By David Hegg
Forgive me for being intentionally redundant as I know I’ve mentioned this sentiment previously. You don’t need 20/20 sociological vision to see how complaining has become one of our nation’s favorite, yet most destructive pastimes. Yes, we’re a tough people and we’ve long appreciated a thoughtful, balanced and incisive critique, and even the necessary complaints that accompany such reasoned and rational reflection. But folks, it has gotten completely out of hand!
We’ve become a nation of softies, spoiled brats who believe our mere existence entitles us to these two things. First, we get the life we want, and everyone else — especially the government! — is responsible to provide it. Second, we get to sound off and complain using all manner of malice and mean-spirited invective whenever our wants have gone unmet in even the smallest way. While we often admit we’re not perfect — the spontaneous response when we’re found wanting — we expect perfection from the world around us and everyone in it when it comes to making our lives perfect. Pretty warped, not to mention absurd and impossible.
Here’s the deal: If your joy and happiness are dependent on life going your way, and everyone in it treating you like the superstar you imagine yourself to be, you better be sitting down when you read the next line. Spoiler alert: It’ll never happen, and if you thinking it should, you’re a self-centered, arrogant, deluded person just like the rest of us. You’ve bought the lie peddled by those whose advertisements advance the fairy tale that this world owes you happiness, and that you should complain whenever you don’t get your fair share.
But the truth is, real meaning, purpose and joy in this life are actually built with the stuff of contentment. Happiness never grows in the mixed soil of entitlement, self-pity and incessant complaint. Happiness is a function of delighting in what we do have, not what we think we’re missing. And, pursuing true contentment even in times of adversity is actually the exercise that strengthens our ability to persevere through trials in a way that builds character and moral strength. If we put the energy we use to complain into seeking contentment instead, we will find our lives are improved in ways we may never have considered.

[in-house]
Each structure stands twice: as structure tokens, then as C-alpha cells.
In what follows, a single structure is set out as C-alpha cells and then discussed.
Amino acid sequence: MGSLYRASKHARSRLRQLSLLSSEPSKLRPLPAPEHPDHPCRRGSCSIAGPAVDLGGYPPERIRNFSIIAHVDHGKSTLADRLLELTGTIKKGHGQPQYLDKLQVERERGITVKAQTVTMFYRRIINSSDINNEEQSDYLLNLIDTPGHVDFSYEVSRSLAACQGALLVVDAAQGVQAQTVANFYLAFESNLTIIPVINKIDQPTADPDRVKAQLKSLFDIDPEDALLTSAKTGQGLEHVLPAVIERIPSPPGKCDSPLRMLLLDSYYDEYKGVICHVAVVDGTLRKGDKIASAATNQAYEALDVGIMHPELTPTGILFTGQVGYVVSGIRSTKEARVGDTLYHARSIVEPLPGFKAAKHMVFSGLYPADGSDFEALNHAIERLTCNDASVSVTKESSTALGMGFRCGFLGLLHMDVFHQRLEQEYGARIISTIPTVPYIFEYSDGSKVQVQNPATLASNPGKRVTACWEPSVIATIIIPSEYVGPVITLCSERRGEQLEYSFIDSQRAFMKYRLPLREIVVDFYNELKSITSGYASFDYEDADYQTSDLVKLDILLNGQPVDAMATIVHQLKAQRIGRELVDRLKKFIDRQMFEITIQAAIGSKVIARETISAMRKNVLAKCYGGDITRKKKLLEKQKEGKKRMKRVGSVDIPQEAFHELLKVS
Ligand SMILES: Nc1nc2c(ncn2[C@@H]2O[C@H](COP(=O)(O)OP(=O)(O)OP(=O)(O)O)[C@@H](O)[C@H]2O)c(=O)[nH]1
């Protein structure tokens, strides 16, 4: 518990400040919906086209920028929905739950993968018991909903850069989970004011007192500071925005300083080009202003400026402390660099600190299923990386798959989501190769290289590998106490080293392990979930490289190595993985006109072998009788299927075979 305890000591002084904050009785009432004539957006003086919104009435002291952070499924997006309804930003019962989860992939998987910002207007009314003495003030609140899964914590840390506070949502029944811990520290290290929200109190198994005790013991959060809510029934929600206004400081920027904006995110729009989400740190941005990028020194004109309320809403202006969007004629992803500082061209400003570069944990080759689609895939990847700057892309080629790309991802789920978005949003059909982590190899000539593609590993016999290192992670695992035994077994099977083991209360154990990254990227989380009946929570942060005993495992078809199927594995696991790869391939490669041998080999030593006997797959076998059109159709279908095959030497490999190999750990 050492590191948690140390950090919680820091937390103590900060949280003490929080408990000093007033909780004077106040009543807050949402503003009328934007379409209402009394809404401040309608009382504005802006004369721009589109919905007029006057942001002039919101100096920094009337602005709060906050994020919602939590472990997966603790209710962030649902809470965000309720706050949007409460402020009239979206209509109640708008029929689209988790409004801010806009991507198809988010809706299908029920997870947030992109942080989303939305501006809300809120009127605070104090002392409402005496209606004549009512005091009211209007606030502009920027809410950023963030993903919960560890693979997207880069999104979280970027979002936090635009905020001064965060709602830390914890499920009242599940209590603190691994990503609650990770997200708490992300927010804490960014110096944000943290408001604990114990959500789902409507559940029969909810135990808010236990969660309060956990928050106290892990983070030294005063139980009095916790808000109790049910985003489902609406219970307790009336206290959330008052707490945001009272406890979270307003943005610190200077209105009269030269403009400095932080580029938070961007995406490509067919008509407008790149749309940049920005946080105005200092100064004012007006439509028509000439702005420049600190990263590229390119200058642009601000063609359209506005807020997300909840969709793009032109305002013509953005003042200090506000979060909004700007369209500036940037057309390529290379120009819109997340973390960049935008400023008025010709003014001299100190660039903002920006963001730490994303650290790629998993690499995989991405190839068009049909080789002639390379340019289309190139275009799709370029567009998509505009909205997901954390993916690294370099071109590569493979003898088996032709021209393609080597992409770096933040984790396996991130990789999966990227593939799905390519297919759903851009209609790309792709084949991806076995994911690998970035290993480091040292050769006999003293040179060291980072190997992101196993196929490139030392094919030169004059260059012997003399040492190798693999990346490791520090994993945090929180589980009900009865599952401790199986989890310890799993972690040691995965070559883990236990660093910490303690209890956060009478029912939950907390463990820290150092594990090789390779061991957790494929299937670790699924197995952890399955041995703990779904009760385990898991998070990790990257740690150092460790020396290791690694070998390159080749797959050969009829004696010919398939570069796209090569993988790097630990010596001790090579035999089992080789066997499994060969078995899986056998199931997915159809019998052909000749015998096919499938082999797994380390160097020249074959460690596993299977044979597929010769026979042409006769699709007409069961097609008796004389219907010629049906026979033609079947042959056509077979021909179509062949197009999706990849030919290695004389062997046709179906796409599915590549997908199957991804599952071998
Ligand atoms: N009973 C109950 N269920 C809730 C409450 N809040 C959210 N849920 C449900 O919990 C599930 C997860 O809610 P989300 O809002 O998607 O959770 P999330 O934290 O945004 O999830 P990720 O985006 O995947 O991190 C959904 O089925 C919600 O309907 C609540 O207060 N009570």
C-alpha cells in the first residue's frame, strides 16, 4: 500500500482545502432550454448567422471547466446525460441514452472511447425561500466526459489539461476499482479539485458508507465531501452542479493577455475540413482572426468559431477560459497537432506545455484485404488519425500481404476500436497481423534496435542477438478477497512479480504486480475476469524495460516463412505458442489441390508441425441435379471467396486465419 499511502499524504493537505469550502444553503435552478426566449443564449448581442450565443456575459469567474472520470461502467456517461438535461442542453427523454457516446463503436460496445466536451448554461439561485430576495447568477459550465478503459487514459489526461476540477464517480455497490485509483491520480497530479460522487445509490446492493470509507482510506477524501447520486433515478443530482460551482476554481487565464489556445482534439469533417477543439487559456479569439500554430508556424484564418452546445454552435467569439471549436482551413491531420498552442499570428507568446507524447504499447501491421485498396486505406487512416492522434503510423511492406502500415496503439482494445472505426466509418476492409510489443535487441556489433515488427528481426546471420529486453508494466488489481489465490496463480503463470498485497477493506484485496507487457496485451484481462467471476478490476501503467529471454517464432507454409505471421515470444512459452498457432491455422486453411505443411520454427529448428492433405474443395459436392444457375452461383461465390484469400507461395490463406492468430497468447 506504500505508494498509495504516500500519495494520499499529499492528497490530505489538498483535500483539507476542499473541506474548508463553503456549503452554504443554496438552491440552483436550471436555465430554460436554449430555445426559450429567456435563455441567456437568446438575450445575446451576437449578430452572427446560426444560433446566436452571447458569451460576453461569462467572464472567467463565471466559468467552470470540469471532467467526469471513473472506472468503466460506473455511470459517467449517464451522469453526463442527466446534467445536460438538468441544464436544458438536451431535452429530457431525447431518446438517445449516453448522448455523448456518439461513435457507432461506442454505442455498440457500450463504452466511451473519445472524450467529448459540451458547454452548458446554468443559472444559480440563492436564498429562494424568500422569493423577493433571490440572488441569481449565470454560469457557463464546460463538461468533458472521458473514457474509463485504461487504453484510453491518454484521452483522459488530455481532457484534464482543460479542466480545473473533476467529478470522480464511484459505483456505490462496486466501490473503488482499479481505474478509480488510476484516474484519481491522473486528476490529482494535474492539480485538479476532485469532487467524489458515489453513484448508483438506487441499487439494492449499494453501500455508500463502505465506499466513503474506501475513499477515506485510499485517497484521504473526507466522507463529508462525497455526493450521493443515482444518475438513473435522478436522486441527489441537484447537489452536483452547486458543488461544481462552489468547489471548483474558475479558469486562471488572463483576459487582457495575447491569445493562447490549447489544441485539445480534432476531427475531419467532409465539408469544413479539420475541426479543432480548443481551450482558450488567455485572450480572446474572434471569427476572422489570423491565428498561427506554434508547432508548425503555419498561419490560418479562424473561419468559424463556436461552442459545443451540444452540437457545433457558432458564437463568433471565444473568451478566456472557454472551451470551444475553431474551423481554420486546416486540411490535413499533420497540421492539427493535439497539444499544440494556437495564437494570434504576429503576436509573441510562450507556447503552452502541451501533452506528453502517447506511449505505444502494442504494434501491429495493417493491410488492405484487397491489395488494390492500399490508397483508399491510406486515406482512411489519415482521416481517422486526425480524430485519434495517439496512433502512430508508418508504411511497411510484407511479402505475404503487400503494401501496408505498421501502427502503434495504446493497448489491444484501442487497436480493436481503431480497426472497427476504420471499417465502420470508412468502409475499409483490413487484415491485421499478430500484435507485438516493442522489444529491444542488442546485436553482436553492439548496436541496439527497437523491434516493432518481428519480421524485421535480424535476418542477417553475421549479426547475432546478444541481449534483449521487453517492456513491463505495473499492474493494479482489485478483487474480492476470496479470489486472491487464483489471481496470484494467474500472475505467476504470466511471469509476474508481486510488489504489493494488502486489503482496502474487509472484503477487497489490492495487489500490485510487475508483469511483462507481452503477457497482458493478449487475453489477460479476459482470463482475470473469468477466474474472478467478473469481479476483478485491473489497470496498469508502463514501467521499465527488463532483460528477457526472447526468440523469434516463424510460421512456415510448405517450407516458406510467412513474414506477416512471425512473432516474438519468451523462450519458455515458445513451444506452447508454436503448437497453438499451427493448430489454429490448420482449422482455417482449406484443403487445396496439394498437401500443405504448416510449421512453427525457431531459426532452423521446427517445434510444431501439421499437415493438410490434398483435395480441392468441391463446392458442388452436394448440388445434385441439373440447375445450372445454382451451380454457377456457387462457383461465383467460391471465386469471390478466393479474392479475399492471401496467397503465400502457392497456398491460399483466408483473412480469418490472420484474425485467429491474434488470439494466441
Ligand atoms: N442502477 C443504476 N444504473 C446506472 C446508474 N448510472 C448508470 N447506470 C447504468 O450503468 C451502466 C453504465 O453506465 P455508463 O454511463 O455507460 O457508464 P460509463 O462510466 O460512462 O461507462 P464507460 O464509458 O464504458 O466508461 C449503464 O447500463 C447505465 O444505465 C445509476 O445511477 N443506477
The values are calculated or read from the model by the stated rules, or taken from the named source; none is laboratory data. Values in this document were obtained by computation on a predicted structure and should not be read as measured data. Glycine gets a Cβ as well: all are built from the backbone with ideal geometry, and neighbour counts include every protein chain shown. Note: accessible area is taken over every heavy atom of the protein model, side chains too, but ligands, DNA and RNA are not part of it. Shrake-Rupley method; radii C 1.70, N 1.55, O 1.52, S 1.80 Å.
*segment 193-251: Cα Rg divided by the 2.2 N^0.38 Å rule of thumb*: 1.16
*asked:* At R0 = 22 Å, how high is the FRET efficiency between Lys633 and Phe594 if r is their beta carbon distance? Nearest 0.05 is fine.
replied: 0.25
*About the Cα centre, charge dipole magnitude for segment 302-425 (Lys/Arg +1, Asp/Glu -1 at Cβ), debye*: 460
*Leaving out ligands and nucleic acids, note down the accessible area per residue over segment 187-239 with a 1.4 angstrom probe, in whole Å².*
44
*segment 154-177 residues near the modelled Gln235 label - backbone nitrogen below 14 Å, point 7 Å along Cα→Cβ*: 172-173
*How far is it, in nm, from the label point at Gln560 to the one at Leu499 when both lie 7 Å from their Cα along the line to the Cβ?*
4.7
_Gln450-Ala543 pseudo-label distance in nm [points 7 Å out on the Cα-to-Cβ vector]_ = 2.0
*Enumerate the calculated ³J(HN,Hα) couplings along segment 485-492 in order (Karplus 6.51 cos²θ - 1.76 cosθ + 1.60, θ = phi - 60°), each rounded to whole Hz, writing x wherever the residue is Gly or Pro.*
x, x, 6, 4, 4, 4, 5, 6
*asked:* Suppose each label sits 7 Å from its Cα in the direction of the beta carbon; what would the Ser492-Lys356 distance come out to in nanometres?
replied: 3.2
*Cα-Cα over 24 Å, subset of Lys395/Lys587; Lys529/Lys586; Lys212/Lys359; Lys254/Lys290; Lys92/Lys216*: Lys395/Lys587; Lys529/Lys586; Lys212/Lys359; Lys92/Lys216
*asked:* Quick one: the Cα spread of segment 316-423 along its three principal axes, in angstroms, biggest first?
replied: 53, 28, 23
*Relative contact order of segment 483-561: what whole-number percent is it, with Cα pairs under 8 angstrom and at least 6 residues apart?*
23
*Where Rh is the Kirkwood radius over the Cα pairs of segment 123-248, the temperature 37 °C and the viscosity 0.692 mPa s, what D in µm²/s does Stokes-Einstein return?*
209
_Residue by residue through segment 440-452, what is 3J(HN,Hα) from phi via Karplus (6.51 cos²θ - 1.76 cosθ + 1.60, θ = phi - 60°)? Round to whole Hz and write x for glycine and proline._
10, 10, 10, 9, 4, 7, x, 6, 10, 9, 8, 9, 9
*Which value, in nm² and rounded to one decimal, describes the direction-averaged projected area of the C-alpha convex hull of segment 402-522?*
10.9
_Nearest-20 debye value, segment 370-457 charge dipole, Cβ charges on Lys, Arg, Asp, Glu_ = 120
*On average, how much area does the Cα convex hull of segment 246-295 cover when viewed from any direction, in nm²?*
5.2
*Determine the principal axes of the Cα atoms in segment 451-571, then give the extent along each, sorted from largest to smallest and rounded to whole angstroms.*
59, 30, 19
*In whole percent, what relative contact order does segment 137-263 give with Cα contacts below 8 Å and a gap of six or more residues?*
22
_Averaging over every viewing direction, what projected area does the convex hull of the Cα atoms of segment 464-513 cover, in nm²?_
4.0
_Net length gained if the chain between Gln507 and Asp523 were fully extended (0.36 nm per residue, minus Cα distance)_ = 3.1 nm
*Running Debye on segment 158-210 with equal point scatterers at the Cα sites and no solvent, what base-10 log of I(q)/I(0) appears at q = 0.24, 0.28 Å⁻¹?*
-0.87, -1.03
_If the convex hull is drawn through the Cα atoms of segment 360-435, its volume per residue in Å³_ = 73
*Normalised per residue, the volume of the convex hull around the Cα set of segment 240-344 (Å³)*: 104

The Apostle Paul knew something about prizing contentment over complaint when he was writing his letter to the Philippian church in the New Testament. He spoke of his own joy and called his readers to rejoice even though at the time he was a Roman prisoner, left to provide his own food, clothing and medical treatments. As any history student knows, being a prisoner of Rome was anything but comfortable.
Yet, Paul looked beyond his circumstances and discovered contentment rather than complaint was the only way to make sense of what every day brought him. He told his readers he had “found the secret” of being content in whatever circumstances surrounded him. What was it? Simply this: He realized his life was not about what happened to him but was about God’s purpose for his being alive in the first place. He was committed to something bigger than personal circumstances regardless of how adverse they were. He found contentment in the fact that, even as a prisoner, the grand purpose of his life — the proclamation of the Good News found in Jesus — was being accomplished. If you want the whole story, you can read Philippians.
As we continue through this Christmas season, it is my prayer that you will find ways to take a detour from the highway of complaint to travel the much more satisfying road of contentment. Set your sights on the grand purposes of this life, of the privilege of loving and serving others, rather than fixating on your own desires.
After all, the essence of Christmas is realizing that our greatest satisfaction is not found in living selfishly, but in imitation of the Christ Child who came to Earth for us, that we might find eternal contentment in his offer of eternal life.
Local resident David Hegg is senior pastor of Grace Baptist Church. “Ethically Speaking” appears Sundays.